Eminence is not an exclusive attribute of the male gender

Manuela Romo, Full Professor of the Universidad Autonoma de Madrid, Facultad de Psicología, Madri, Espanha

In this paper, Romo presents her conclusions after reviewing the literature on women and creativity.

He reviews his componential model of 7 elements (ROMO 1997, 2008) to explain the big or eminent-creativity (the one of those who have gone down in history for their contributions) concluding that there are no differences between men and women regarding mental abilities of creative thinking, motivational or personality characteristics of creative people or absolute dedication to the field. So why are eminent women scarce? the author raises. The answer lies in reasons of sociocultural nature that begin to play their devastating role in childhood. Studies show how from the earliest childhood a differential socialization takes place, for example, with the type of toys for boys and girls where the role of caregivers that the woman has to exercise throughout her life is already being instilled – playing with dolls and with little houses-, giving up, when necessary, his professional vocation when there is one. Recent empirical studies show that although 5-year-old boys and girls consider that adults, both women and men, can be bright and smart, at 6 years the effects of differential socialization have already been internalized and at that age, girls already consider being smart as a male attribute.

This discrimination is perpetuated, because in the areas of decision and assessment of creative production, there are fundamentally men. One example is that of the Nobel prizes where, since its origin, 97% of the winners of Nobel prizes of sciences have been men and, although at the beginning of the last century many women did not compete, the same can not be said at present, where applicants are approximately 50% of each gender.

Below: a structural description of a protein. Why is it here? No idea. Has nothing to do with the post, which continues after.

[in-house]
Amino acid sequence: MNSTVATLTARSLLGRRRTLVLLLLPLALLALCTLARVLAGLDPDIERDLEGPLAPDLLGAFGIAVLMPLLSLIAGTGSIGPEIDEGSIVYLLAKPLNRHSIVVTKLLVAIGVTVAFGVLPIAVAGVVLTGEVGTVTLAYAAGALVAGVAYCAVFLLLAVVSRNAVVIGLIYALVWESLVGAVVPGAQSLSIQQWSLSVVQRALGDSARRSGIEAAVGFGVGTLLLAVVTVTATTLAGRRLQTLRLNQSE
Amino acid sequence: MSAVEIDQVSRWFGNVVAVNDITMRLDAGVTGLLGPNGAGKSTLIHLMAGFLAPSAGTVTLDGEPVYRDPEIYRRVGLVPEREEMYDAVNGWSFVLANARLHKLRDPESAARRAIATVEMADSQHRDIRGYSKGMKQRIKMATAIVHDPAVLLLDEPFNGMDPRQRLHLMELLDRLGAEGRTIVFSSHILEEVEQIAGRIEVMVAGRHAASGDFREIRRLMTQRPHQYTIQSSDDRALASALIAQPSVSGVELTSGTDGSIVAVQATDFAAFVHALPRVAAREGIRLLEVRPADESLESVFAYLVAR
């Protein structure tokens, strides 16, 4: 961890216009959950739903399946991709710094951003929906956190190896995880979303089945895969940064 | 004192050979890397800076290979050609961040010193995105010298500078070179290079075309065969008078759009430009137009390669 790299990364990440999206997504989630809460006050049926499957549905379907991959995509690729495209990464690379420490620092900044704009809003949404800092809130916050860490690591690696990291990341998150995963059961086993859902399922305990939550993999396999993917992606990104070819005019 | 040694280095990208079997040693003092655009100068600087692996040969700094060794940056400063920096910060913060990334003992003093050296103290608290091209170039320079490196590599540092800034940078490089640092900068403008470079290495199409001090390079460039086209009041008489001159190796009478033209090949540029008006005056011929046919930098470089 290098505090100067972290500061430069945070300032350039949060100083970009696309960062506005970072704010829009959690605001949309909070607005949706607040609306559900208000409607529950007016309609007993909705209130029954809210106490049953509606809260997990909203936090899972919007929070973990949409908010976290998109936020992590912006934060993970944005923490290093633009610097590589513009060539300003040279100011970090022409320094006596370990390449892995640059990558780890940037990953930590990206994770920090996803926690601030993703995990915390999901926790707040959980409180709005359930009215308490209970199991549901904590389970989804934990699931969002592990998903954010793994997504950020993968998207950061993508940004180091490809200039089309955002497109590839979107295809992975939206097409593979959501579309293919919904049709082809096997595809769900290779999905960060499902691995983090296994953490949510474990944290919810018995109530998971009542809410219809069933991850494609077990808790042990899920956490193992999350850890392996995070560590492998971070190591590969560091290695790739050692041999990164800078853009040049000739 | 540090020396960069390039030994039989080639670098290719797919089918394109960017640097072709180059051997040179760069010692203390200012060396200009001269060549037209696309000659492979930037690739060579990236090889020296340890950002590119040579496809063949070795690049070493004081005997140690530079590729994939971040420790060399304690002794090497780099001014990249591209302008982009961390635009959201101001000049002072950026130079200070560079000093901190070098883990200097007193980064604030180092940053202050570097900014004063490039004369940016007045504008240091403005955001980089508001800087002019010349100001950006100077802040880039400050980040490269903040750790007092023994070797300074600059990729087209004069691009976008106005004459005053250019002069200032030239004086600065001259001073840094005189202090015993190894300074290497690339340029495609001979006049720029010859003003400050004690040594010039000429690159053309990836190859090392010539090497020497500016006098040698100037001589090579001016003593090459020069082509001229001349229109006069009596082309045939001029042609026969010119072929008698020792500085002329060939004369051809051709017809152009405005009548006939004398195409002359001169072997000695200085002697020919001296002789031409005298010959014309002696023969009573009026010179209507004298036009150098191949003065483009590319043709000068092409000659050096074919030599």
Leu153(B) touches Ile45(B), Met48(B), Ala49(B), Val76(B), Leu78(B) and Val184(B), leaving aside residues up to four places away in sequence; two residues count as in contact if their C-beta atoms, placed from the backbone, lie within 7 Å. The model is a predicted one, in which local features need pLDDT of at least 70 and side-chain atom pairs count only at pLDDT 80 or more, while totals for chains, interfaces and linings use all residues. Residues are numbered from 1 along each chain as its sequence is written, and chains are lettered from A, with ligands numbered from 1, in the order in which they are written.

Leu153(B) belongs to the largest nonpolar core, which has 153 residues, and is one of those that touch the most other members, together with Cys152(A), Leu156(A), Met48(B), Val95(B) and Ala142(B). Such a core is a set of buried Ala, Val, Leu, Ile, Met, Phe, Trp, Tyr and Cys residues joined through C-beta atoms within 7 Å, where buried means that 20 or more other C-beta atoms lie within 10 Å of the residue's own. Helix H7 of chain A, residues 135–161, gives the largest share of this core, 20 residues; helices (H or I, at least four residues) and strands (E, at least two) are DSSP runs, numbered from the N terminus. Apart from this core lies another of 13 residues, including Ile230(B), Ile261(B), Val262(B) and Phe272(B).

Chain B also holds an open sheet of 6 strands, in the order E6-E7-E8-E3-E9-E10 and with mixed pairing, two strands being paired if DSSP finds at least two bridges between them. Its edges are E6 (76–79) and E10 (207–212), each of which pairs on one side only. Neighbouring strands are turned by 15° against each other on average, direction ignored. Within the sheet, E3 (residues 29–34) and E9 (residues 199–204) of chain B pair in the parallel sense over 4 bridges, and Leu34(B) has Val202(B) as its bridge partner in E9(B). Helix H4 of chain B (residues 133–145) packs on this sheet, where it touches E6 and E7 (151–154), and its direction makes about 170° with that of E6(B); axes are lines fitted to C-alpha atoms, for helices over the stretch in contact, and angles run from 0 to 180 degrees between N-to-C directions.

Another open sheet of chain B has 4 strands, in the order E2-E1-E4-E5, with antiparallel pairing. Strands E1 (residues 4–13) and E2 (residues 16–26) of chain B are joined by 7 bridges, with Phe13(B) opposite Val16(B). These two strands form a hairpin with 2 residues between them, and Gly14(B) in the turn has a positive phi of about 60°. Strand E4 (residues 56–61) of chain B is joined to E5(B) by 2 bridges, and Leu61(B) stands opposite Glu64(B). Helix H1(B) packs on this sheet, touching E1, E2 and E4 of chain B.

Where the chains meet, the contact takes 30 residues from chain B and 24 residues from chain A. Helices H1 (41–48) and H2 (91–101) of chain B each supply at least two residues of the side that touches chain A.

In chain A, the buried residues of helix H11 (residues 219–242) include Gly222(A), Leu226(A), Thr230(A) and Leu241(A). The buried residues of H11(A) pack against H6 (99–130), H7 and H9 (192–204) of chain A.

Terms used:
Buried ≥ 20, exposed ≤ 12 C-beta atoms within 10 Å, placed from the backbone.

This is the framework of joint research carried out by Manuela Romo with Solange Weschler from Brazil and Fatima Moraes from Portugal interviewing in depth eminent women from the 3 countries.

The author concludes that this complex and globalized world can not afford to dispense with contributions to the advancement of the culture of half of humanity and that the key to this necessary change lies in education.

References

ROMO, M. Psicología de la creatividad. Barcelona: Paidós, 1997.

ROMO, M. Creatividad en los dominios artístico y científico y sus correlatos educativos. In: MORAIS, M. F.; BAHIA, S. Criatividade: conceito, necessidades e intervenção. Braga: Psiquilibrios Edições, 2008

To read the article, access

ROMO, M. Does creativity have a gender? Obstacles to excellence in women. Estud. psicol. (Campinas), v. 35, n. 3, p. 247-258, 2018. ISSN: 0103-166X [reviewed 20 September 2018].  DOI: 10.1590/1982-02752018000300003. Avaliable from: http://www.scielo.br/scielo.php?script=sci_abstract&pid=S0103-166X2018000300247&lng=pt&nrm=iso&tlng=en

External link

Estudos de Psicologia (Campinas) – ESTPSI: www.scielo.br/estpsi

 

How to cite this post [ISO 690/2010]:

ROMO, M. Eminence is not an exclusive attribute of the male gender [online]. SciELO in Perspective: Humanities, 2018 [viewed ]. Available from: http://humanas.blog.scielo.org/en/2018/12/07/eminence-is-not-an-exclusive-attribute-of-the-male-gender/

 

Leave a Reply

Your email address will not be published. Required fields are marked *

Post Navigation